Project Play: Southeast Michigan is driven and funded by the Ralph C. Wilson, Jr. Foundation’s Youth Sports & Recreation focus area in partnership with the Community Foundation for Southeast Michigan and the Aspen Institute Sports & Society Program. Project Play: Southeast Michigan serves seven counties in the region: Wayne, Oakland, Macomb, Washtenaw, St. Clair, Monroe and Livingston.

Our Mission

Research has shown that active children go on to live happier, healthier and more successful lives. Project Play: Southeast Michigan envisions a community in which all children have the opportunity to be active through sports—and to live their best lives.

Every child—regardless of location, income or ability—should have access to fun and fulfilling physical activities. Our goal? For every child in America to have the ability, confidence and desire to be physically active for life.

Our Framework

Project Play: Southeast Michigan is modeled after Project Play’s “Eight Plays.” These are eight strategies identified by the Aspen Institute to help children become—and stay—physically active through sports.

Nine out of ten kids say “fun” is the main reason they want to play sports. So, there’s really only one question: “What sounds like fun?”

Children who spend more time in less structured activities are generally better equipped to set their own goals and take action on them. Those children also display higher levels of academic creativity as college students.

By providing more athletic opportunities to children, we can increase the probability they will find a sport they enjoy. That improves the chances they will continue to play sports throughout their lives.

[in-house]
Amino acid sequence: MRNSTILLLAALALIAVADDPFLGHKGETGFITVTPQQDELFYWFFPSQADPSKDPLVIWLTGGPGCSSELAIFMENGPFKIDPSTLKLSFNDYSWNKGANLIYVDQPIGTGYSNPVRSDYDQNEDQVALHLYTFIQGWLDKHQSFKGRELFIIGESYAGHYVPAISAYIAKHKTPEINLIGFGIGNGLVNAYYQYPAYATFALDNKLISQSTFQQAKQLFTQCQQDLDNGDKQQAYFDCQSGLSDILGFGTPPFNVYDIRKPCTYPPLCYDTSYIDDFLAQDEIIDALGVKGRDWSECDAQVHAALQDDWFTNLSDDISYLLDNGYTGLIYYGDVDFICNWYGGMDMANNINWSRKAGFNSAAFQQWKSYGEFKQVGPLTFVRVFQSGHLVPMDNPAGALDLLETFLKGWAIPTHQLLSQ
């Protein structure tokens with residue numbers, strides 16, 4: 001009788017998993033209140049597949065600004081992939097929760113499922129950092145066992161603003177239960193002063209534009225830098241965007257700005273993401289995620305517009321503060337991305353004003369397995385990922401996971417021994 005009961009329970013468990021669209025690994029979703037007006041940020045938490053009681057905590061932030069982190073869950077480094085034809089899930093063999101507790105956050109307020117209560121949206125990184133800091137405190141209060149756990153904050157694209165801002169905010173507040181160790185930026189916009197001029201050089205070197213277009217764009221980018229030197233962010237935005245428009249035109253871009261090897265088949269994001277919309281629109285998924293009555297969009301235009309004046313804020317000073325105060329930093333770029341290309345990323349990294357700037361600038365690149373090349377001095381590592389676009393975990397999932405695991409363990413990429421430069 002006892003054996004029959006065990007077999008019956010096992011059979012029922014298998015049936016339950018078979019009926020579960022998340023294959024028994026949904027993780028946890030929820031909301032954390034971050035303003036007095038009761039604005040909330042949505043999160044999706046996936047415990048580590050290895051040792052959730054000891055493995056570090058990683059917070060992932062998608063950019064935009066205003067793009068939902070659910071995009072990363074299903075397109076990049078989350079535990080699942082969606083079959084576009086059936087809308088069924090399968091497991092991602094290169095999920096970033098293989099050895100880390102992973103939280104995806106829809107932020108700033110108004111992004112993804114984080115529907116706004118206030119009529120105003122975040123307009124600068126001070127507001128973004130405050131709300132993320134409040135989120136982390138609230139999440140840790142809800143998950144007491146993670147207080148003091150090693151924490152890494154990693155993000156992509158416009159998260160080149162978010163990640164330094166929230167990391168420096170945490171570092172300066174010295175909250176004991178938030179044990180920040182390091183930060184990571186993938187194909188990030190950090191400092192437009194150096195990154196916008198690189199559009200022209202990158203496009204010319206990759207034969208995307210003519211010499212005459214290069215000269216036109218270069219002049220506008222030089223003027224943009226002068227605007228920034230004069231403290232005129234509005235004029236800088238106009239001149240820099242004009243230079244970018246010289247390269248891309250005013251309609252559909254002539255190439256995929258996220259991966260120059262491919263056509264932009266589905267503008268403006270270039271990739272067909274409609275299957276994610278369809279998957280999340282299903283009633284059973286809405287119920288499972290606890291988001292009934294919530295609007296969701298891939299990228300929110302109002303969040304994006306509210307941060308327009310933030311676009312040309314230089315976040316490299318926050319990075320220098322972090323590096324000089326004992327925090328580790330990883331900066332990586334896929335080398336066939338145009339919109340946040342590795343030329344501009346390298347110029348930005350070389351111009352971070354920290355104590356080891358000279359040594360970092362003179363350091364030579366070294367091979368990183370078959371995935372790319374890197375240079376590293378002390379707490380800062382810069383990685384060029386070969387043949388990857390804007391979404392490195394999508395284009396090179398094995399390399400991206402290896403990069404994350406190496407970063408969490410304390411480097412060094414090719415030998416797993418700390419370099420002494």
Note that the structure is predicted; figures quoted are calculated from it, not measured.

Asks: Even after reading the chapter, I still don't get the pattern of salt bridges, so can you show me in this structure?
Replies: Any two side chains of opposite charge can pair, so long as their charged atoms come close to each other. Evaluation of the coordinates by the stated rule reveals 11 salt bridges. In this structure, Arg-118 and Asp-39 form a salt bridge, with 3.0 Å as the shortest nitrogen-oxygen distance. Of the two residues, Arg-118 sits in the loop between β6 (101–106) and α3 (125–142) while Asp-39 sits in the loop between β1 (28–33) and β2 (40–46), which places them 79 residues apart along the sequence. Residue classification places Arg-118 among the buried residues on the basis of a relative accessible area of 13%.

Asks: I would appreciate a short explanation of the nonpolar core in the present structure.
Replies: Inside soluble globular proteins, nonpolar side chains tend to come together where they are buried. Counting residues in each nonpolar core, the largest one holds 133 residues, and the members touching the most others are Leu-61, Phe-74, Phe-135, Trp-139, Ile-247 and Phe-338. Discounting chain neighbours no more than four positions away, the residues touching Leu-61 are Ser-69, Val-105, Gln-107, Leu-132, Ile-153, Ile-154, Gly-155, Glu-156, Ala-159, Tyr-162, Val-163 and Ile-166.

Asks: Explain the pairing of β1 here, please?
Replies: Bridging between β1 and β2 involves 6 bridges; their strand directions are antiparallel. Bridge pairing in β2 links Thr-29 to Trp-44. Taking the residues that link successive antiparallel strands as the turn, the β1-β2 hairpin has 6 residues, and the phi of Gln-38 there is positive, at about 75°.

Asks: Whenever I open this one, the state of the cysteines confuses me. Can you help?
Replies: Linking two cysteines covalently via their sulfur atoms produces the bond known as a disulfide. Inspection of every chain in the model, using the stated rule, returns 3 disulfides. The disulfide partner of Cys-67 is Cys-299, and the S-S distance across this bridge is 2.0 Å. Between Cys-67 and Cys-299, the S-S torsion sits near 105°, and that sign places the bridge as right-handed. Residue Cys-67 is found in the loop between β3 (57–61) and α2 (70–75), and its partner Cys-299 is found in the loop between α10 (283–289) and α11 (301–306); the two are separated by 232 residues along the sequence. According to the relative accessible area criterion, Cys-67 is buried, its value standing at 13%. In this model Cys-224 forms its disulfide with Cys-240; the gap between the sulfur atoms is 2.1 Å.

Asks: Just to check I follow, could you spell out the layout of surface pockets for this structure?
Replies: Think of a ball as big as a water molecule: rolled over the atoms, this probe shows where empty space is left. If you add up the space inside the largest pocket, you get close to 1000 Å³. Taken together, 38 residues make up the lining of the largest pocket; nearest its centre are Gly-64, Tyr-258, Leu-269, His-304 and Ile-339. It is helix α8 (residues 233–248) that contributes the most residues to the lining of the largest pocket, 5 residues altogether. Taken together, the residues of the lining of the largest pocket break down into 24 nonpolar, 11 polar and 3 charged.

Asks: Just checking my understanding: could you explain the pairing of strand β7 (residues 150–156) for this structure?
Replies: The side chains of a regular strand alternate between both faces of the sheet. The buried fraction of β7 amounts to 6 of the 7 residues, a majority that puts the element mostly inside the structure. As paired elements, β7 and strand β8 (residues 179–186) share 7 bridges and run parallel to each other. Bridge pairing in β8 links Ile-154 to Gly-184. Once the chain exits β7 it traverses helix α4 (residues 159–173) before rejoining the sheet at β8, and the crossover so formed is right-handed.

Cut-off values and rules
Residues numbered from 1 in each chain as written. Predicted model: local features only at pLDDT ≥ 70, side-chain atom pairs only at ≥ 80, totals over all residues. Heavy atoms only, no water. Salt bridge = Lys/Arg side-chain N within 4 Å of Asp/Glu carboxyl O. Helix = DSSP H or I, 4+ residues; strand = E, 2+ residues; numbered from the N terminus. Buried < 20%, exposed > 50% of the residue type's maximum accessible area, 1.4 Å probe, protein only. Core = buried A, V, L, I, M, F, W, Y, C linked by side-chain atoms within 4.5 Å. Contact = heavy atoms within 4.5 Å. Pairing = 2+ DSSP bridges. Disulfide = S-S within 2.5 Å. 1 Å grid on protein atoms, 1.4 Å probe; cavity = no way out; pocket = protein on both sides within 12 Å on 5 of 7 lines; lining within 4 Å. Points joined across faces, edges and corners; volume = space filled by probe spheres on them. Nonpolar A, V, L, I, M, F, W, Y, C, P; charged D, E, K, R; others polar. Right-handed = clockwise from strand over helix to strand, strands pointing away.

Travel teams often add complexity and cost to sports. That doesn’t translate to success or satisfaction for the children who participate in them. The answer? In-town leagues.

Sprawling mega-sports complexes are all the rage in suburbia, but for most kids, a quality play space can also be a simple, cost-effective one. In urban areas, this could mean finding modest spaces to develop into mini-fields. These locations are easier to find and can be developed for as little as $15,000. A full-sized turf field can cost as much as $1 million.

We need to accept that kids are not miniature adults. They deserve an experience that recognizes their mental, emotional and physical stages of development, and builds on them. The goal should be to improve, not to win. Games and drills with small teams lead to more individual chances to touch the ball and build key skills. This allows children to develop in their sports as they develop in their bodies.

A coach can develop a lifelong athlete – or destroy a child’s love for sports.

  • In one study, only 5% of kids who played for a trained coach quit the next year. That number jumped to 26% for untrained coaches.

We must increase the number of credentialed coaches in the U.S. At minimum, they should be trained in:

  • Coaching philosophy on how to work with kids
  • Best practices in the areas of physical literacy and sport skills
  • Basic safety

Nine out of ten parents have safety concerns, especially regarding concussions. Youth sports should produce positive health outcomes. Therefore, policies and rule changes that eliminate or greatly reduce head contact for kids 12 & under should be introduced.

Our Challenge

For the initial rollout of Project Play: Southeast Michigan, we have chosen three “plays” to focus on:

  1. 1. Reintroduce Free Play